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November 2009 - Posts

  • China is Pulling the U.S. and World Economy Down

     

    Anna: I have good news for you, home prices have increased for three consecutive months; I am thrilled!

    Karla: Unfortunately I am not so hopeful as you are; artificial low interest rates and a government tax credit are luring buyers but the governmental help will not last too long, indeed it will likely expire rather soon.

    Anna: Don’t tell me that! I was so excited about the good news, what a pity. At least the stock market is doing better.

    Karla: Companies have cut costs mostly by laying off employees and investors don’t know where to place their money so they go to the stock market as the best possible place. Even if the market doesn’t tell us too much about the economy. You could say that what we are actually witnessing is not actually a bull market but sometimes a bear market too.

    Anna: I guess that’s true. Also I heard that some very important banks are still weak; I know that banks are not lending yet and therefore that’s going to be a very important factor negatively impacting in the economic recovery.

    Karla: That’s right. I have to say that for me, in the long run, taking into account the worst of all possible factors the one that is going to hurt us the most is China.

    While a low dollar helps our exports the Chinese keep indexing  the Yuan’s value below the dollar and that will have a terrible effect in our economic recovery.

    Anna: Yes I know; a friend has also told me that China’s asset buying in the U.S. helped inflate the housing bubble. By keeping its currency attached to the dollar they are really hurting our chances of growth and economic recovery.

    Karla: Indeed they are hurting workers all over the world. Paul Krugman recently wrote an article in the October 22, 2009, New York Times about this issue:

    “Chinese officials are, in effect, devaluing their currency against everyone else’s. Meanwhile, productivity in China’s export industries soared; combined with the de facto devaluation, this made Chinese goods extremely cheap on world markets. The result was a huge Chinese trade surplus. If supply and demand had been allowed to prevail, the value of China’s currency would have risen sharply. But Chinese authorities didn’t let it rise. They kept it down by selling vast quantities of the currency, acquiring in return an enormous hoard of foreign assets, mostly in dollars, currently worth about $2.1 trillion. China has been keeping its currency pegged to the dollar which gives them a huge trade surplus and a rapidly recovering economy. China is a country whose currency should be rising in value and is in effect engineering a large devaluation instead. And that’s a particularly bad thing to do at a time when the world economy remains deeply depressed due to inadequate overall demand. By pursuing a weak-currency policy, China is siphoning some of that inadequate demand away from other nations, which is hurting growth almost everywhere. The biggest victims, by the way, are probably workers in other poor countries. In normal times, I’d be among the first to reject claims that China is stealing other peoples’ jobs, but right now it’s the simple truth.”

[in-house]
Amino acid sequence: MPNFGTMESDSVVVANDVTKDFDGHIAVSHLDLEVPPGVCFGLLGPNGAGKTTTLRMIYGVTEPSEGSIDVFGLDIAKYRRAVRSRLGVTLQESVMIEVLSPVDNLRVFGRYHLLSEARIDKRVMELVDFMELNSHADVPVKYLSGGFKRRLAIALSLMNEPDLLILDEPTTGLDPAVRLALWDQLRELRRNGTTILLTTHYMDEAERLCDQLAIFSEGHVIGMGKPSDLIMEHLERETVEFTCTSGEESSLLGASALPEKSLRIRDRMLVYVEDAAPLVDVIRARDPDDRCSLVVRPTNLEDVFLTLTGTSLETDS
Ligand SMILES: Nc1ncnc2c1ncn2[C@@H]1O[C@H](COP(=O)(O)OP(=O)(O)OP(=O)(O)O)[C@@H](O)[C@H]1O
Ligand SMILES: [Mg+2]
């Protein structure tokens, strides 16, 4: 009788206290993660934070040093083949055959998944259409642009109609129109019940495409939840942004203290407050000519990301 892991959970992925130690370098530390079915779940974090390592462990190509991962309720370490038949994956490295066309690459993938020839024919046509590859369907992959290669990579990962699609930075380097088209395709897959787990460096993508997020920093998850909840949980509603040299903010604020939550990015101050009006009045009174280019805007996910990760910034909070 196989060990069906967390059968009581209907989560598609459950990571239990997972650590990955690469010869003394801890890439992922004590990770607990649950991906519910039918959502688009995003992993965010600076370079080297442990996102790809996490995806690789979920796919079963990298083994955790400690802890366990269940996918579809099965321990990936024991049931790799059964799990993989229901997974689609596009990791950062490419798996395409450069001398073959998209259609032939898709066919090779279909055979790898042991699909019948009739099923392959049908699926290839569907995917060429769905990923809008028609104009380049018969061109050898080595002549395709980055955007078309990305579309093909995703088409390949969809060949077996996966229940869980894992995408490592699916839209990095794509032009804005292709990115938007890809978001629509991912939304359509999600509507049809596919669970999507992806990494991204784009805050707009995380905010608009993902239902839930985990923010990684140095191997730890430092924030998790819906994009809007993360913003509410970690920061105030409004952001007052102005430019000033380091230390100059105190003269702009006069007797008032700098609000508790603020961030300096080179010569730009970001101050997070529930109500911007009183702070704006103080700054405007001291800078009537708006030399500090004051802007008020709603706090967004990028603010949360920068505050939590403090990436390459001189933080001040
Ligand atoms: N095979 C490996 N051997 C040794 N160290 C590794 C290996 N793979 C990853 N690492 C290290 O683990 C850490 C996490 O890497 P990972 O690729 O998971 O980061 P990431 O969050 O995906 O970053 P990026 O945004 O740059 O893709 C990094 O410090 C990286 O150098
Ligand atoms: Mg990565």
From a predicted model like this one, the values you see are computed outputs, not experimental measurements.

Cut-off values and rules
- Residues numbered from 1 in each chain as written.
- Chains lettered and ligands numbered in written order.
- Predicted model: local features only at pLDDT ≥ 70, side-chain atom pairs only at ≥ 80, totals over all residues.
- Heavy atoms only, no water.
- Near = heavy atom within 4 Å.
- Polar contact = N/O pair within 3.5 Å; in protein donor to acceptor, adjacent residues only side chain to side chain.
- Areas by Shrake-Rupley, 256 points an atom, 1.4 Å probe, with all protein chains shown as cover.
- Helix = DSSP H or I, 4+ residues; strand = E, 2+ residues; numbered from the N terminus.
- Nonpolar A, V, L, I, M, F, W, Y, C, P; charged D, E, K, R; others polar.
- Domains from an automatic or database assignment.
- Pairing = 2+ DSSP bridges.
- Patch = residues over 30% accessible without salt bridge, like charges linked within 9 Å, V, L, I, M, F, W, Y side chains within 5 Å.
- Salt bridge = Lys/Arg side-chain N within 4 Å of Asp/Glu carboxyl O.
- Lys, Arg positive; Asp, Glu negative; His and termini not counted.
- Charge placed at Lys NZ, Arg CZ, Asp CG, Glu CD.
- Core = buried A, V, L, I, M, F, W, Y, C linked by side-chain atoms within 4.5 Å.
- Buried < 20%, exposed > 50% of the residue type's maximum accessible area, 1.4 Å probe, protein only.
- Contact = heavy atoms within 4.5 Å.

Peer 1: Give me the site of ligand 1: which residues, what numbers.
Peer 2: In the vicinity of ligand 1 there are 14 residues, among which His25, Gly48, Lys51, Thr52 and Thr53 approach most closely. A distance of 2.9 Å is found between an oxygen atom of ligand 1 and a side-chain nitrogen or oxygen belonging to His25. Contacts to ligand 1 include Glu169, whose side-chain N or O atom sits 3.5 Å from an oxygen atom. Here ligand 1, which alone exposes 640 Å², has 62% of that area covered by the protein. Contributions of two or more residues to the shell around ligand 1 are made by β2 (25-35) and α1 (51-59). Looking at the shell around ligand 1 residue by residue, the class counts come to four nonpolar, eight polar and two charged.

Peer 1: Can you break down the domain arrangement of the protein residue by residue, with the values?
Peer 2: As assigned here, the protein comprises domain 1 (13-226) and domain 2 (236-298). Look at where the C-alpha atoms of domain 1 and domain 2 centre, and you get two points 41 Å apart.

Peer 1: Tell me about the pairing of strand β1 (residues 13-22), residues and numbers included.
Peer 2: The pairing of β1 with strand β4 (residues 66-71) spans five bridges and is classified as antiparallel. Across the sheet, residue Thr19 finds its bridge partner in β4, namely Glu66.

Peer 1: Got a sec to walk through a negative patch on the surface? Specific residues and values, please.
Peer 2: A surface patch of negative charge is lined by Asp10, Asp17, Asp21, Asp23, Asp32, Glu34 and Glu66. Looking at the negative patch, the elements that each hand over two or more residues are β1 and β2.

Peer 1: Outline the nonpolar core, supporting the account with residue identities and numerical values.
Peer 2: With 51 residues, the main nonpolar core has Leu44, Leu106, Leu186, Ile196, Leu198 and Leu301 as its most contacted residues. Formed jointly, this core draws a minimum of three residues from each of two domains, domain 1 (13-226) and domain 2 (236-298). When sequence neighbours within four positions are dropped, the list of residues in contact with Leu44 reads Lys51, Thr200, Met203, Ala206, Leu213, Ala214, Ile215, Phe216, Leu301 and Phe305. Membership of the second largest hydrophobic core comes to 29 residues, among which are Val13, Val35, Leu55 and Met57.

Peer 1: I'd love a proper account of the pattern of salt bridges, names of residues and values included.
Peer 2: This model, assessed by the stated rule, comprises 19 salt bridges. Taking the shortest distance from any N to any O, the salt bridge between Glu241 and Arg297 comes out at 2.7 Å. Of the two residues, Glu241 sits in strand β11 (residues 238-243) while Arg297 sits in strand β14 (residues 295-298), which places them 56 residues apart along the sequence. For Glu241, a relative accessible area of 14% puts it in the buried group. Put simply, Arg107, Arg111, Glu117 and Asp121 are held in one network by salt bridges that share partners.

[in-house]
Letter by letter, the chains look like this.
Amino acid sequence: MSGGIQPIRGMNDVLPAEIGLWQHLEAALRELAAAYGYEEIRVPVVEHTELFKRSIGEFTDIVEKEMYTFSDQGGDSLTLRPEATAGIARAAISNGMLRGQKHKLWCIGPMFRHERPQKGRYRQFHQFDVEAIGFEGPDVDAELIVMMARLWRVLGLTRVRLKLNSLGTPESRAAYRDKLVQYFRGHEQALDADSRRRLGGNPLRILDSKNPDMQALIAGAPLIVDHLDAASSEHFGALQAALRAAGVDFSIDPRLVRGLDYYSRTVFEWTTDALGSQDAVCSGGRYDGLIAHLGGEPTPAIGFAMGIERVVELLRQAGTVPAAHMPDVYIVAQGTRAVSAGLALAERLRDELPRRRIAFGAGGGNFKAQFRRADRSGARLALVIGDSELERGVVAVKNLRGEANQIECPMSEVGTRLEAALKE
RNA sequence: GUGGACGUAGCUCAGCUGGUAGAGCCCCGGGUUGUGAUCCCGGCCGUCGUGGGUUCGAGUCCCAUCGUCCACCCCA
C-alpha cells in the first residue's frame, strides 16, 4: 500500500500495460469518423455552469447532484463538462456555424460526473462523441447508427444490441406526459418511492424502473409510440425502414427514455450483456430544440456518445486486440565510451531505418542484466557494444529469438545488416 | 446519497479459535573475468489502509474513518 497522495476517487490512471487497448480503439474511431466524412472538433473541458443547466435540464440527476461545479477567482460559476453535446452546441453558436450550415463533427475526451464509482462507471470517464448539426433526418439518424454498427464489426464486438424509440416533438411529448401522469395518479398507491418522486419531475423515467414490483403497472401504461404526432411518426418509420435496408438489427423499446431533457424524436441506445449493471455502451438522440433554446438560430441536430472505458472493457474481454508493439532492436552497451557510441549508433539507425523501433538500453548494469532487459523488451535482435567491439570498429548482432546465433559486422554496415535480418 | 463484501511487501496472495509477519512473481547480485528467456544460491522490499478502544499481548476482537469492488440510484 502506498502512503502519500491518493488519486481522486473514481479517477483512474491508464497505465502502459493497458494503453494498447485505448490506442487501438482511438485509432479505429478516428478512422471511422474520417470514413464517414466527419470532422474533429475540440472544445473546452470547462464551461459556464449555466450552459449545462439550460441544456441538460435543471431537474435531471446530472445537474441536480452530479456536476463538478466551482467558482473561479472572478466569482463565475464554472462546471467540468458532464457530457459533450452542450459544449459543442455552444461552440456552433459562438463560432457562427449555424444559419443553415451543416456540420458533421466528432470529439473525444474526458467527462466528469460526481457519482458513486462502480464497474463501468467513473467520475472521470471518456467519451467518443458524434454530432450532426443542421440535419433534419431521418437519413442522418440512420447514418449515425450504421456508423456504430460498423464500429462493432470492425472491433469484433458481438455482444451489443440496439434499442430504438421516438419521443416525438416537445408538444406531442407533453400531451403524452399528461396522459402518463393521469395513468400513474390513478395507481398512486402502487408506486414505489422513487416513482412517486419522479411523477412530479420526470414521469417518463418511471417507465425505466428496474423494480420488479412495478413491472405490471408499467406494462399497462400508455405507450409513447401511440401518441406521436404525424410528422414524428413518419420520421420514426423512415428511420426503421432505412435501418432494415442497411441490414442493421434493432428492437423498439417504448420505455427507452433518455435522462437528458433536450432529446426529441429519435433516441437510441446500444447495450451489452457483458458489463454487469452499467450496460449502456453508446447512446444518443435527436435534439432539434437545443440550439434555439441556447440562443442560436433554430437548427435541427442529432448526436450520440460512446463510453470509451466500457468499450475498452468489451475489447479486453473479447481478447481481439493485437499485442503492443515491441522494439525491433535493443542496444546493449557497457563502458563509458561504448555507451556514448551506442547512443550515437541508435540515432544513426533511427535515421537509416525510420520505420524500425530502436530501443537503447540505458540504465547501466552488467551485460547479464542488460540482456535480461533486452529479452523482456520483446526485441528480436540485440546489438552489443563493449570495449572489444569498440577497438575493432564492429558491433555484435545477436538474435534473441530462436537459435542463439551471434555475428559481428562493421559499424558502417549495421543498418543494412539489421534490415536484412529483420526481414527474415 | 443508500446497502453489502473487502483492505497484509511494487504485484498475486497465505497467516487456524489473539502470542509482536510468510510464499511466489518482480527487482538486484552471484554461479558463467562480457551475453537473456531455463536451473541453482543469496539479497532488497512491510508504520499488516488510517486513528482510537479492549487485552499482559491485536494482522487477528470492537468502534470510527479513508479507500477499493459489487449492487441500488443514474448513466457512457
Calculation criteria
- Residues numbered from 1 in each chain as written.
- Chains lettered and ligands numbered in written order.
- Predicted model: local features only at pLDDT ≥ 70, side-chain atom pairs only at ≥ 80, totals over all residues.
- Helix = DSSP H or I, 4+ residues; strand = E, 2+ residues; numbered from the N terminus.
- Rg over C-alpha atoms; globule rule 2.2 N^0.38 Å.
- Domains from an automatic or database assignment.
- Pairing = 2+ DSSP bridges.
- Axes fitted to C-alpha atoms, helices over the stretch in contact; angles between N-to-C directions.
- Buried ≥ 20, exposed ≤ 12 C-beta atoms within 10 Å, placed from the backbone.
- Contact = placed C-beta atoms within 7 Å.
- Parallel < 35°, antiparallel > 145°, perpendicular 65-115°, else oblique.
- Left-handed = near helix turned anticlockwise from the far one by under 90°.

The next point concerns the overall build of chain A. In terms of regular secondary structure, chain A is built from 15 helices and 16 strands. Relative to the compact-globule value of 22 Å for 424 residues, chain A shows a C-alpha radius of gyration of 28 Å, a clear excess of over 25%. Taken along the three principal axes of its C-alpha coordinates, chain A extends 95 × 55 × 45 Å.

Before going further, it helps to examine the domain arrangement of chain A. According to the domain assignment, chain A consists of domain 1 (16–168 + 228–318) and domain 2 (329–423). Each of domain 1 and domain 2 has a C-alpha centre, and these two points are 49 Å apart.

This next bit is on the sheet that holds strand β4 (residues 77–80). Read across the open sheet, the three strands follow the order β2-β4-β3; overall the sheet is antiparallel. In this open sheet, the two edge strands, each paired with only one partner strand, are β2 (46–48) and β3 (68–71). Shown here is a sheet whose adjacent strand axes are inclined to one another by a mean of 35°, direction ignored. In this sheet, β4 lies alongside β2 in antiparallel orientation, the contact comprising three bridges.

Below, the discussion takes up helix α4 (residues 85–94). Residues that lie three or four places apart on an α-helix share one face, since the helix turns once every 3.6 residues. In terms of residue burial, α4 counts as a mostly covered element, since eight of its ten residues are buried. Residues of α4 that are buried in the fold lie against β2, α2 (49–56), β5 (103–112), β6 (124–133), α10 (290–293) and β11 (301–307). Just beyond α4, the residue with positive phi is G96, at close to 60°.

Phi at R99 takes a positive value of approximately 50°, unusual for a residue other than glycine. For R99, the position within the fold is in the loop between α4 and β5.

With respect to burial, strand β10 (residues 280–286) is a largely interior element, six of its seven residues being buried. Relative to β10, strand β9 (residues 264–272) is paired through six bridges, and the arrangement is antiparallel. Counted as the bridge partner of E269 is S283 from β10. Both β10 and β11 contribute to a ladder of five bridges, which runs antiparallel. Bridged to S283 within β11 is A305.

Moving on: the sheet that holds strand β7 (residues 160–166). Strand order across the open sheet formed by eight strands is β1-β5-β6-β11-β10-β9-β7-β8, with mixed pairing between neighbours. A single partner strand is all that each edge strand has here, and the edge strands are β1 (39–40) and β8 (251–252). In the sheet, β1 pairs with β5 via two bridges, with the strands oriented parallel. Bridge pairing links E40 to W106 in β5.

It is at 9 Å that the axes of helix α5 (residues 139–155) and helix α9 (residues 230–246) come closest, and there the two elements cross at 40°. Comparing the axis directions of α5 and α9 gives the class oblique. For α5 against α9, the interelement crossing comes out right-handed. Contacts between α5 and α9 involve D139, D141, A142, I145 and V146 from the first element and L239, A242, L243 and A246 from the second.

Posted Nov 18 2009, 02:19 PM by cartoon with 1 comment(s)
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  • Threat of Inflation and a Weaker Dollar

     

    Posted Nov 18 2009, 01:49 PM by cartoon with 1 comment(s)
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  • Romantic Relationships and their Paradoxical Problems

     

    Posted Nov 03 2009, 05:04 PM by cartoon with no comments
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